BOSTON – Massachusetts’ real gross state product increased at a 4 percent annualized rate during the second quarter, according to the Current Economic Index released Friday by MassBenchmarks.
According to the report, which is published by the University of Massachusetts Donahue Institute in collaboration with the Federal Reserve Bank of Boston, the U.S. real gross domestic product grew at a 1.5 percent annualized rate during the same period.
Massachusetts’ labor market continued to strengthen in the second quarter though at a slower pace than the first, according to the report.
The Bay State’s unemployment rate fell 0.5 percentage points during the quarter, from 6.5 percent in March to 6.0 percent in June.
Comparatively, the U.S. unemployment rate ended June where it began, at 8.2 percent.
During the first quarter, Massachusetts’ economy grew at an estimated 4 percent rate compared to the 2 percent rate reported for the whole of the U.S. and on June 5, the U.S. Bureau of Economic Analysis
“Long-term unemployment and underemployment continue to be major challenges for the Commonwealth and the nation,” said the report. “In June, the broader U6 measure of unemployment - which includes discouraged and marginally attached workers, and those working part-time because they can't find full-time work - was 12.2 percent in Massachusetts and 14.9 percent nationally.”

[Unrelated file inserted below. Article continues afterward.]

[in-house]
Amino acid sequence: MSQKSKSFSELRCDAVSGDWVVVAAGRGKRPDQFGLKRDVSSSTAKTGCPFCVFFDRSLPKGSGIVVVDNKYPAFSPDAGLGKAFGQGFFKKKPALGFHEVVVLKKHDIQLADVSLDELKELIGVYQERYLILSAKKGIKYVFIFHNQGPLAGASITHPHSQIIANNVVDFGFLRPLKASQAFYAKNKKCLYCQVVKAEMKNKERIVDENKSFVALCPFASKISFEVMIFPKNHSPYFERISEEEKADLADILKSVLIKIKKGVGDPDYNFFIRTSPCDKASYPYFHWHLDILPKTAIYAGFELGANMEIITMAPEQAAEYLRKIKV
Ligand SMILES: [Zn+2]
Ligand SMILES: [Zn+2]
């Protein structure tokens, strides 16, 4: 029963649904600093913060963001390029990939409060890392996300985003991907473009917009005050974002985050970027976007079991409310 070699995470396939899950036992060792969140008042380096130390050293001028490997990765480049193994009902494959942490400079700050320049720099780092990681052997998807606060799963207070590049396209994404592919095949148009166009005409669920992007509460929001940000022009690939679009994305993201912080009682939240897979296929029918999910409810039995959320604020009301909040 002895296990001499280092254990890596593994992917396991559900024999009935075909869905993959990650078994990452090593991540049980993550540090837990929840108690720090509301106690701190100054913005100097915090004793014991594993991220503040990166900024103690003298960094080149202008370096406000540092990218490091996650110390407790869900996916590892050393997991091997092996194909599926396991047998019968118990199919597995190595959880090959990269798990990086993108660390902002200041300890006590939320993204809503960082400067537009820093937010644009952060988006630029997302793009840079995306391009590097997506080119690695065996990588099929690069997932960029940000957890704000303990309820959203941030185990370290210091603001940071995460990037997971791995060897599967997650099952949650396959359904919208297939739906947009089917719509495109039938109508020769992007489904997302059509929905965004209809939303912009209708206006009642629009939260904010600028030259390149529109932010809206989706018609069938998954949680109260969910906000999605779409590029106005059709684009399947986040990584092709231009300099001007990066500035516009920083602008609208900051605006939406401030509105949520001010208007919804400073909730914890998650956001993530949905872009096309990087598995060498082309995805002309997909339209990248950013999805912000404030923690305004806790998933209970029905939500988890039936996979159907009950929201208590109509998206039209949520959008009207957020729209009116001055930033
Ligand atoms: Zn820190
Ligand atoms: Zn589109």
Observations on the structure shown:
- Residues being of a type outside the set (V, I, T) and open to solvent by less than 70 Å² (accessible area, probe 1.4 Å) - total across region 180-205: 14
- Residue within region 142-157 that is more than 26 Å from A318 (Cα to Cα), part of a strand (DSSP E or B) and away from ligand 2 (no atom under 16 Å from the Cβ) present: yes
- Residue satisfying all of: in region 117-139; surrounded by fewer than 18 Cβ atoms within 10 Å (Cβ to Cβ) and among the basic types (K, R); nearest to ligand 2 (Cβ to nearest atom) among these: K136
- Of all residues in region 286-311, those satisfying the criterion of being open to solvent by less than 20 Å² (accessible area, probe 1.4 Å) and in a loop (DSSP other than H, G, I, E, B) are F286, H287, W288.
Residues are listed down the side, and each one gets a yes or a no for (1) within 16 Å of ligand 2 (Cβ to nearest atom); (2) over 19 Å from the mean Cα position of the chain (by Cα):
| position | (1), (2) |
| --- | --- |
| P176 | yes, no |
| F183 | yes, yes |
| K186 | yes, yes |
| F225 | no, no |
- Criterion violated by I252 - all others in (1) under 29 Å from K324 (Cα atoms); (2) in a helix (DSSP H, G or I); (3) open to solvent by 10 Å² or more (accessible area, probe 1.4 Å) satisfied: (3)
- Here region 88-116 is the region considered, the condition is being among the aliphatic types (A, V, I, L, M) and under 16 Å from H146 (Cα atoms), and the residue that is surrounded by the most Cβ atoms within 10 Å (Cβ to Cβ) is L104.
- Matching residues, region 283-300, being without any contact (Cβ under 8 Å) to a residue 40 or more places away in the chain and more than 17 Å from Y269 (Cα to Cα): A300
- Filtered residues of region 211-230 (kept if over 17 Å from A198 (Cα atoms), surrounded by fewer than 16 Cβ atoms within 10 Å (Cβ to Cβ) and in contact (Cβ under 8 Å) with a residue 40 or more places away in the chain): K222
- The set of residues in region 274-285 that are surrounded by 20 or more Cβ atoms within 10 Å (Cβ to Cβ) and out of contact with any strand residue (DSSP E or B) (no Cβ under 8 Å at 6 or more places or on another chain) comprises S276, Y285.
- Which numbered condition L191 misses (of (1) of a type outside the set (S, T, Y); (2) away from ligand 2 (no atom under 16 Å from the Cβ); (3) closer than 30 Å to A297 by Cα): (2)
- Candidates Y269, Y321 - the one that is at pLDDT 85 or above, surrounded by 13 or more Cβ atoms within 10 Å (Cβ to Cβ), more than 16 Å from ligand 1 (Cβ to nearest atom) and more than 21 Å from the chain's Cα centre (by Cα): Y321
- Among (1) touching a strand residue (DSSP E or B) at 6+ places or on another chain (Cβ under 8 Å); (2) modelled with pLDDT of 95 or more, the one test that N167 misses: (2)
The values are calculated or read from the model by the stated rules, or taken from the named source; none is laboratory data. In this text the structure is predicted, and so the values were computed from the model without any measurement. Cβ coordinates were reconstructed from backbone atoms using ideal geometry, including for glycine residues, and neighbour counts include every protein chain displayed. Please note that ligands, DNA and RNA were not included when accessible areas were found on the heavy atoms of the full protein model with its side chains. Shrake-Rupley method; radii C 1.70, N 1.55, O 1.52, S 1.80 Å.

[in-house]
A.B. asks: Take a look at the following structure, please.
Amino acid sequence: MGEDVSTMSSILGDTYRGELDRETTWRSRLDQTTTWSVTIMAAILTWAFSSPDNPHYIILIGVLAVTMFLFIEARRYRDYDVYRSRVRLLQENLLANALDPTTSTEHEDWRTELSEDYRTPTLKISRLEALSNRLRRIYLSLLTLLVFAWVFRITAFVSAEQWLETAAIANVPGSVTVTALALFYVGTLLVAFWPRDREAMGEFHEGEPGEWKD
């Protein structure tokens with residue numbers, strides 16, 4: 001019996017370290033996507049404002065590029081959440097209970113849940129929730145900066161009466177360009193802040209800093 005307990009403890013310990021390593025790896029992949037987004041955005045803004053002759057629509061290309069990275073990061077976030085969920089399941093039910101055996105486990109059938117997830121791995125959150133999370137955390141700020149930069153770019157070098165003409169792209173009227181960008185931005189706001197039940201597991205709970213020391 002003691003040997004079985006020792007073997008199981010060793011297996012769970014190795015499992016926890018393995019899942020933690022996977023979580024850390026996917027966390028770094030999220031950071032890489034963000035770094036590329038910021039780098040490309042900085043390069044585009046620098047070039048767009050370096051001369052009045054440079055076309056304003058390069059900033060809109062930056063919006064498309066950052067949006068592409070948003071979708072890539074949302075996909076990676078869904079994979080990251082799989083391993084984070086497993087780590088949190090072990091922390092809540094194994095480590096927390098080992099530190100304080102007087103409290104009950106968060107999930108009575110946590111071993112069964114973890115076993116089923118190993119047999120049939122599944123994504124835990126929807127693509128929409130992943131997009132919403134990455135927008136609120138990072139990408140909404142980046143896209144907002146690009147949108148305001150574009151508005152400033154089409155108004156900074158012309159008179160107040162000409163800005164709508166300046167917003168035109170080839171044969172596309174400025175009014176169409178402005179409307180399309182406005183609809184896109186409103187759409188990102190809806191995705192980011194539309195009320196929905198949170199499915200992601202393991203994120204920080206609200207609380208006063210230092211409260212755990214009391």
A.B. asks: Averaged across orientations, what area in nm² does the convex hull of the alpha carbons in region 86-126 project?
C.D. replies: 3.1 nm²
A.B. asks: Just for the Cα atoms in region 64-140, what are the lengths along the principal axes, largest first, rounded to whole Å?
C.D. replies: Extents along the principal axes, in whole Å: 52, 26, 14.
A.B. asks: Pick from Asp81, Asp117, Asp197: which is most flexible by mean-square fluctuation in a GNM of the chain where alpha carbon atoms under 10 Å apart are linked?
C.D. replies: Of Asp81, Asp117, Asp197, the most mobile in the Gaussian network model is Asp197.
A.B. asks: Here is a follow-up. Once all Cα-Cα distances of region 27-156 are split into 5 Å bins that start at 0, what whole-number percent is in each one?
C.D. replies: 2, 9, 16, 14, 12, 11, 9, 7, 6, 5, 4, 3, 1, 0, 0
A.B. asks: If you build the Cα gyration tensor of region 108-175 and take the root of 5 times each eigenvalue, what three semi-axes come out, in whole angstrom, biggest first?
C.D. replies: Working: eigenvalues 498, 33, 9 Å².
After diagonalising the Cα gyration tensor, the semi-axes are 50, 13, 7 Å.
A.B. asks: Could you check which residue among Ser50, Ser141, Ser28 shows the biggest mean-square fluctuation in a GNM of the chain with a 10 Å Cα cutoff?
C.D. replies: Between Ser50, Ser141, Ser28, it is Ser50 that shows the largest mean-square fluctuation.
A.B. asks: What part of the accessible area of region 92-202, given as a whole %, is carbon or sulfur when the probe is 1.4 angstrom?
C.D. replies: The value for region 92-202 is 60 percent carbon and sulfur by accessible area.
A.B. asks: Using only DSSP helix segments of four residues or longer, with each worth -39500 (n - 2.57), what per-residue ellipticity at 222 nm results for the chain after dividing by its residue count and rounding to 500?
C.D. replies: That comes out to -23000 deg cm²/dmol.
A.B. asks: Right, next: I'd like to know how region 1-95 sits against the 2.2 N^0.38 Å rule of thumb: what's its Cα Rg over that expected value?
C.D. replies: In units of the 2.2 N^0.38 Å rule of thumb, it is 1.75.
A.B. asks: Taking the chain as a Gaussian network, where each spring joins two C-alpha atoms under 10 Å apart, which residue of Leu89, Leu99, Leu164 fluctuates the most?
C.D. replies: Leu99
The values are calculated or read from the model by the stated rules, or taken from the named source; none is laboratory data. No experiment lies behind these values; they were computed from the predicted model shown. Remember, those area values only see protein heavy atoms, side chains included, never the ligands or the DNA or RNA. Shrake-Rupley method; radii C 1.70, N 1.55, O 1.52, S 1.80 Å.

Massachusetts’ payroll employment growth slowed to a 1.4 percent annual rate during the second quarter, after growing at a 2.7 percent rate during the first three months of the year. Payroll-employment growth nationwide also slowed, from 2.1 percent in the first quarter to 1 percent in the second quarter.
Consumer spending on items subject to regular sales tax and motor vehicle sales tax grew at a 6.5 percent annual rate in the second quarter after falling by a 10.9 percent rate in the first quarter.
The report’s leading index projected moderate slowdown in the state’s economic growth during the second half of the year, expecting growth to drop to 3.7 percent in the third quarter and 3.6 percent in the fourth quarter.
“There is substantial downside risk to this outlook, due to weakness in Europe, slowing growth in China, weak growth in the U.S. economy and uncertainty about whether and how the looming ‘fiscal cliff’ coming in 2013 will be resolved,” Alan Clayton-Matthews, MassBenchmarks senior contributing editor said in the report.
“One indication of the drag Europe is having on the state’s economy is visible in Massachusetts merchandise exports, which are down 1.3 percent in the first five months of this year relative to a year ago. Merchandise exports for the U.S. as a whole, which is less reliant on Europe, are up 6.8 percent over the same period of time,” added Martin Romitti, MassBenchmarks managing editor.